With my right hand.

Friday, May 2, 2008

We've All Known Eric

In 1972 I helped to found, and subsequently became the director of, a street-front drop-in-center across from a High School in the San Francisco Bay Area. I began speaking at Service Clubs (Lions, Kiwanis, Moose Lodge, VFW etc.), and churches around the area to solicit funds to help meet monthly operational expenses.
I had the freedom to define and design programs I felt to be necessary to the needs of teen-agers. The work had a general spiritual focus, but there were many programs more specifically related to things such as substance abuse and homelessness. I ultimately had a staff of up to ten people, some paid, some volunteer. We opened a large 5 bedroom, two-story house around the corner as a transitional home for young men seeking to escape the streets. Men in need of life skills, job skills and stability. It was known simply as The House. I staffed and supervised the endeavor. Re-integration into society, for many, required going back to the basics of living. You’ve got to get up in the morning. You’ve got to make your bed. You’ve got to eat. In order to eat you’ve got to go shopping. You’ve got to cook. You’ve got to clean. You’ve got to learn how to communicate with other people. You’ve got to learn to be sensitive to the needs of others. You’ve got to learn to look out for, and stand up for yourself.

Most of those coming into The House were living from day to day. From hand to mouth. Most were barely living at all. We covered their living expenses while nursing them back to health. Then as they began coming back to life we’d assist them in making a plan, finding work, or getting back in school while working part time. Some didn’t survive the challenge, or the opportunity. Some could just not adjust to group living. For some, they carried too much guilt and shame, they felt too worthless to be recipients of the kindness of others. Some just needed to make it on their own. Some left for those reasons, and for reasons I will never know. And I can only speculate about how life turned out for them. For those who stayed, a good percentage found positive direction and a new start. Many reclaimed self-esteem, and many found it for the first time.
The House proved to be pivotal in a lot of lives. I have very fond memories of individual self discovery and transformation. I think it’s fair to say it saved some disenfranchised young men from an eventual and predictably tragic conclusion.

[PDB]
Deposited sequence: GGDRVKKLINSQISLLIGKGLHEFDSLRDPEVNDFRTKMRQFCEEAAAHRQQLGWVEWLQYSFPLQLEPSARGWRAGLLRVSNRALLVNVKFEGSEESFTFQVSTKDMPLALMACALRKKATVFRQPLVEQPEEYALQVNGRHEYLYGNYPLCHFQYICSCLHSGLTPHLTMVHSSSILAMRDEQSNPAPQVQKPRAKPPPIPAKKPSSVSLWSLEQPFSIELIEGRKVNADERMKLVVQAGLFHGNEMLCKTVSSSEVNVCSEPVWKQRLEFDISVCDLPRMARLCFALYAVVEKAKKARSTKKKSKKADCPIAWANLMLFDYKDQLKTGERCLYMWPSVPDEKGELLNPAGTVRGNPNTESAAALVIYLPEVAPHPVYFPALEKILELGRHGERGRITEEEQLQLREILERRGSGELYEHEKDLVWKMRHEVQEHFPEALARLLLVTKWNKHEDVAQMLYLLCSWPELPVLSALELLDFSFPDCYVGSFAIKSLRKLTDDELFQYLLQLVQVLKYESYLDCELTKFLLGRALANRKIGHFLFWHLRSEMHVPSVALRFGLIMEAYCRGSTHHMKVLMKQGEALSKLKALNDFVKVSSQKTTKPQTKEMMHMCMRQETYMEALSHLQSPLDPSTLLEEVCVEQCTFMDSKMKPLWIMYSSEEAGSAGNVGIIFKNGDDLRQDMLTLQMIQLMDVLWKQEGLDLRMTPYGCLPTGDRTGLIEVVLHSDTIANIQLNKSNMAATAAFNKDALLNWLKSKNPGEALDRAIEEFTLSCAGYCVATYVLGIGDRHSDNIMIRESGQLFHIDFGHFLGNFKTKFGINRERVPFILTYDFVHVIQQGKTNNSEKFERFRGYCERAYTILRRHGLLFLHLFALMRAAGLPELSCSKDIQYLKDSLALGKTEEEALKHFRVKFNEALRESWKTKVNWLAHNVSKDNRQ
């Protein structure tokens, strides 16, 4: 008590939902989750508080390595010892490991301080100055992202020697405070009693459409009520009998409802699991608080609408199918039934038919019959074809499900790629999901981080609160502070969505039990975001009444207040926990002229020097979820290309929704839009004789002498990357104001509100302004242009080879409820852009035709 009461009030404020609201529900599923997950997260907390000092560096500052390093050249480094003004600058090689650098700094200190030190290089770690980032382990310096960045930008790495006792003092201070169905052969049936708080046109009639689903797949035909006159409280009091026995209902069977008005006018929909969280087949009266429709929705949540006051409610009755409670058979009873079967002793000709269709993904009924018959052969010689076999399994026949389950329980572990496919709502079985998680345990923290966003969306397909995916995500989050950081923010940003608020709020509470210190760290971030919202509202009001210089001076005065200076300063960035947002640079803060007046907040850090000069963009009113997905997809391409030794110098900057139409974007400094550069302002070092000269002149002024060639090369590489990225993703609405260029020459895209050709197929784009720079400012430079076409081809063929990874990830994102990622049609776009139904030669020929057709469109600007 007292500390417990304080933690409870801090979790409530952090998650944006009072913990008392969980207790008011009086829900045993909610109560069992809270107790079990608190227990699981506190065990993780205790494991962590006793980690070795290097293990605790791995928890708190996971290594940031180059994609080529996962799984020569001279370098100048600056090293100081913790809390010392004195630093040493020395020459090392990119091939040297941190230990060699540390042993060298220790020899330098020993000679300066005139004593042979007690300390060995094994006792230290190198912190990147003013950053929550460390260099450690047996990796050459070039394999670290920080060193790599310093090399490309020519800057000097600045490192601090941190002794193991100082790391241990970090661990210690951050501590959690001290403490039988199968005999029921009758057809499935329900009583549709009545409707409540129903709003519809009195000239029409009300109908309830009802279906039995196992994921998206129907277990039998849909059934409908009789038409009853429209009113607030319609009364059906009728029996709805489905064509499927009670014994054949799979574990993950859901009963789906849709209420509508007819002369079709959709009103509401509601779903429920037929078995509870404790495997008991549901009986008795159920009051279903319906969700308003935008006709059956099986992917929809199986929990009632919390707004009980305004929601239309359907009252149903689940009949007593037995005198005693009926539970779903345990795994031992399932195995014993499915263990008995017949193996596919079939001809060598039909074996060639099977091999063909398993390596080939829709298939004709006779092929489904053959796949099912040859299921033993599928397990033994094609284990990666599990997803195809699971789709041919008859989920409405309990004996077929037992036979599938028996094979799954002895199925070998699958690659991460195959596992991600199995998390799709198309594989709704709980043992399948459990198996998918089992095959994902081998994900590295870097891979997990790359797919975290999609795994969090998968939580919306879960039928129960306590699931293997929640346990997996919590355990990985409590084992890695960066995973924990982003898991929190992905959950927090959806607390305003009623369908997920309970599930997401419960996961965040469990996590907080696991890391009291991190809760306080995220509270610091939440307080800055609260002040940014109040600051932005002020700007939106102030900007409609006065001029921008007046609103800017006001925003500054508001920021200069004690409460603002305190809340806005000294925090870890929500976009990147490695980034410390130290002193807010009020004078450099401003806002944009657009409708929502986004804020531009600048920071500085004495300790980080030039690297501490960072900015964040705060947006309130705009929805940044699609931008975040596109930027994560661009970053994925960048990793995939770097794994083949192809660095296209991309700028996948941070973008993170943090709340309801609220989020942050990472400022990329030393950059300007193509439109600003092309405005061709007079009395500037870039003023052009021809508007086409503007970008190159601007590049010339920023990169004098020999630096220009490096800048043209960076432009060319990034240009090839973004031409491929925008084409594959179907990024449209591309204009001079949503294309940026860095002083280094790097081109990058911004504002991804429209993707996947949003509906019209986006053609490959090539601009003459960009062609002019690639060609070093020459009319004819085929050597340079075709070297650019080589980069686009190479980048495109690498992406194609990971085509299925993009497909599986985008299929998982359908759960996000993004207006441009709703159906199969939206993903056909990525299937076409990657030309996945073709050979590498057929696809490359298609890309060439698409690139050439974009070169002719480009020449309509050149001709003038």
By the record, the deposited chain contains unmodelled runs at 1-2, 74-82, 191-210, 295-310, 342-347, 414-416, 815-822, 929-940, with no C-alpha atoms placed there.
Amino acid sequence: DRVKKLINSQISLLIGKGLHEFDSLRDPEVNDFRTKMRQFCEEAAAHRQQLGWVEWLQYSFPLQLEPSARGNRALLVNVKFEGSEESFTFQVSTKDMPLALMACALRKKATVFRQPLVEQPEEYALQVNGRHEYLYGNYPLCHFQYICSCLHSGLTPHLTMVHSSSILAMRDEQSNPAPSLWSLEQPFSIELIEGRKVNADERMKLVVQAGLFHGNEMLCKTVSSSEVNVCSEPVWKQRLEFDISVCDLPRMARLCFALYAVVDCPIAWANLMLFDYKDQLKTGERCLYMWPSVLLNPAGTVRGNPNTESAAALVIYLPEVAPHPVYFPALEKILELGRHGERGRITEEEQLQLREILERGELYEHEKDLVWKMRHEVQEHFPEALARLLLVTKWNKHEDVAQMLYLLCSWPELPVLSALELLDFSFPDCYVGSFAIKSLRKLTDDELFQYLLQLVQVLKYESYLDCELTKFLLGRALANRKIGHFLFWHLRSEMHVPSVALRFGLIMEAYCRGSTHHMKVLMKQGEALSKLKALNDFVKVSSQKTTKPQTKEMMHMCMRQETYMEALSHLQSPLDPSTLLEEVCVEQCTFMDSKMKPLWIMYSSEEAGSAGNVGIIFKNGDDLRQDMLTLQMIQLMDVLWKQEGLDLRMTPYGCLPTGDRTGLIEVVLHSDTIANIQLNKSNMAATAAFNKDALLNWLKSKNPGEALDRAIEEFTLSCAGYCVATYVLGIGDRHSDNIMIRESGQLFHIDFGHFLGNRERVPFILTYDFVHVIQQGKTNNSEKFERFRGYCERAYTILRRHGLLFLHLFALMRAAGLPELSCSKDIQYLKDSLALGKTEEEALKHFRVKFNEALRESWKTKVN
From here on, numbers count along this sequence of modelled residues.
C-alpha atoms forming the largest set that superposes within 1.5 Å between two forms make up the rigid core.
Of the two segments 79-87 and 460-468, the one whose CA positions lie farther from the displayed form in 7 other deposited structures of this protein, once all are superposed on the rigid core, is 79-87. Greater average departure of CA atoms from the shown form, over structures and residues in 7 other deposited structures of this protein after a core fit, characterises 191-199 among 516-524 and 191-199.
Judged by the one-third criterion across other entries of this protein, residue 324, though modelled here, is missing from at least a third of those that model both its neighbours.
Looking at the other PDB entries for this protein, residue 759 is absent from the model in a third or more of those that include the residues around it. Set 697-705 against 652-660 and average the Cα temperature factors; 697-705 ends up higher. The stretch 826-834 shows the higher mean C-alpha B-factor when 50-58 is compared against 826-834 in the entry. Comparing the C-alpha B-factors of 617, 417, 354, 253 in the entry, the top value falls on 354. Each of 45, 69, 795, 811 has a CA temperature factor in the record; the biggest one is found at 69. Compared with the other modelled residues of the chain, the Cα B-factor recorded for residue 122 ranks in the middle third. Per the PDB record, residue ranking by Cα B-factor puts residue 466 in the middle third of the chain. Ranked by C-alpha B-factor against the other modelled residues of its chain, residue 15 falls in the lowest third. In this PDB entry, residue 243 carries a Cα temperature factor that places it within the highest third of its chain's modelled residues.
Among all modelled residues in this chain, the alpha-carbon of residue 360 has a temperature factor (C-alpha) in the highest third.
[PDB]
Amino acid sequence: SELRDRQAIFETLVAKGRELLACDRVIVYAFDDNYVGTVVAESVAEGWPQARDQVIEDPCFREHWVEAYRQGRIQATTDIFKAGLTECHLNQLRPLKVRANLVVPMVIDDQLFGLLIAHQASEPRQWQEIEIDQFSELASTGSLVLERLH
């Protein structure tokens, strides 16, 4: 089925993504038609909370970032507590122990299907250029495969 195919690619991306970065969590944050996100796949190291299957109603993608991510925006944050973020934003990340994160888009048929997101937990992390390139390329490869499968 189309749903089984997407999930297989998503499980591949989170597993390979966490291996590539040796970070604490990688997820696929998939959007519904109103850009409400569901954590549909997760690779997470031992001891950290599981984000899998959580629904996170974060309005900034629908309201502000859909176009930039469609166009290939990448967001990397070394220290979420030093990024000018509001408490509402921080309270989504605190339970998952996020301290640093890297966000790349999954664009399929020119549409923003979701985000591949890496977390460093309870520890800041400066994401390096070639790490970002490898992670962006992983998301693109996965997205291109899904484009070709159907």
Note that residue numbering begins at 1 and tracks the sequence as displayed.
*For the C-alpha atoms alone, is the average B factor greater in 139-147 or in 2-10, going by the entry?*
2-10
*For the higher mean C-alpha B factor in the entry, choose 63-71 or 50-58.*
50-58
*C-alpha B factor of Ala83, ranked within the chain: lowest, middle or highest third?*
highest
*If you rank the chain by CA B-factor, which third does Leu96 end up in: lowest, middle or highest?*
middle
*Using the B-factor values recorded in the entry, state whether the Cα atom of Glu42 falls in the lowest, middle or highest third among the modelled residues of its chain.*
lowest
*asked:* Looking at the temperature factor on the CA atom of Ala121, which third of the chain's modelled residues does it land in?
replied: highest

But unfortunately, that was not the case with a young man named Eric. Eric was about 20 years old, and a really likeable guy. Very genuine. Very kind. I spent a lot of time with him, listening to him speak of his dreams, his estranged family, the challenges he was facing in his life. He was really not too terribly different from a lot of young men at that age. But I had an immediate fondness for him. He was soft spoken, considerate, very loving, and very lost. His family was in ruins. He was alienated, alone, broken and scared. Eric was someone I could identify with personally, not necessarily in circumstance, but in feelings. Obviously I’d found something productive to do with my life, but my deeper feelings of alienation and aloneness lingered, like his. His were, at the time, not just subjugated adversaries, like mine, but all encompassing antagonists performing daily on the fragile stage that was his life. Eric was searching desperately for solutions. We had many marathon discussions about being alone in the world, inside, deep inside. How to deal with it. How to handle it. How to turn it to an advantage. We explored possibilities for the future, drawing on Eric’s natural talents to point him in some meaningful direction. He was a very bright young man, and a very talented artist. School was a possibility for him if he could get stabilized, but he was having a very difficult time adjusting to an environment that required increasing responsibility and accountability.

Eric got into an argument with his roommate and just couldn’t deal with it. He called me and left a message that he found a dive hotel room for the night. Said he needed to be alone, and that he’d try and hook up with me again sometime in the morning.
Knowing of Eric’s habit of relying on drugs to dull his pain, I tried to find him, but couldn’t. In fact, I never saw him again. The hotel manager found his body, lifeless, and alone, needle still in his arm. More pain killer massaging his heart than he was ever equipped to handle.
It hit me like a sledge hammer to my chest.
It’s been about thirty five years, and I’m still sad for Eric. For many years I carried his death on my shoulders, feeling that I had failed him. His death felt, in many ways, like my own. Like he took me with him when he went. As I've grown older, and more conscious of the human condition, the fragile nature of life and death, the feelings, circumstances and dynamics that are often beyond our control, I’ve been able to let go of any complicity in his passing. I did my best for him. I did what I could. I do know, in retrospect, that there was as good a chance that his life might have blossomed, as there was that he would have lost it at such an early age.

I rest today on that sensibility.
I have to.

I think we’ve all known Eric.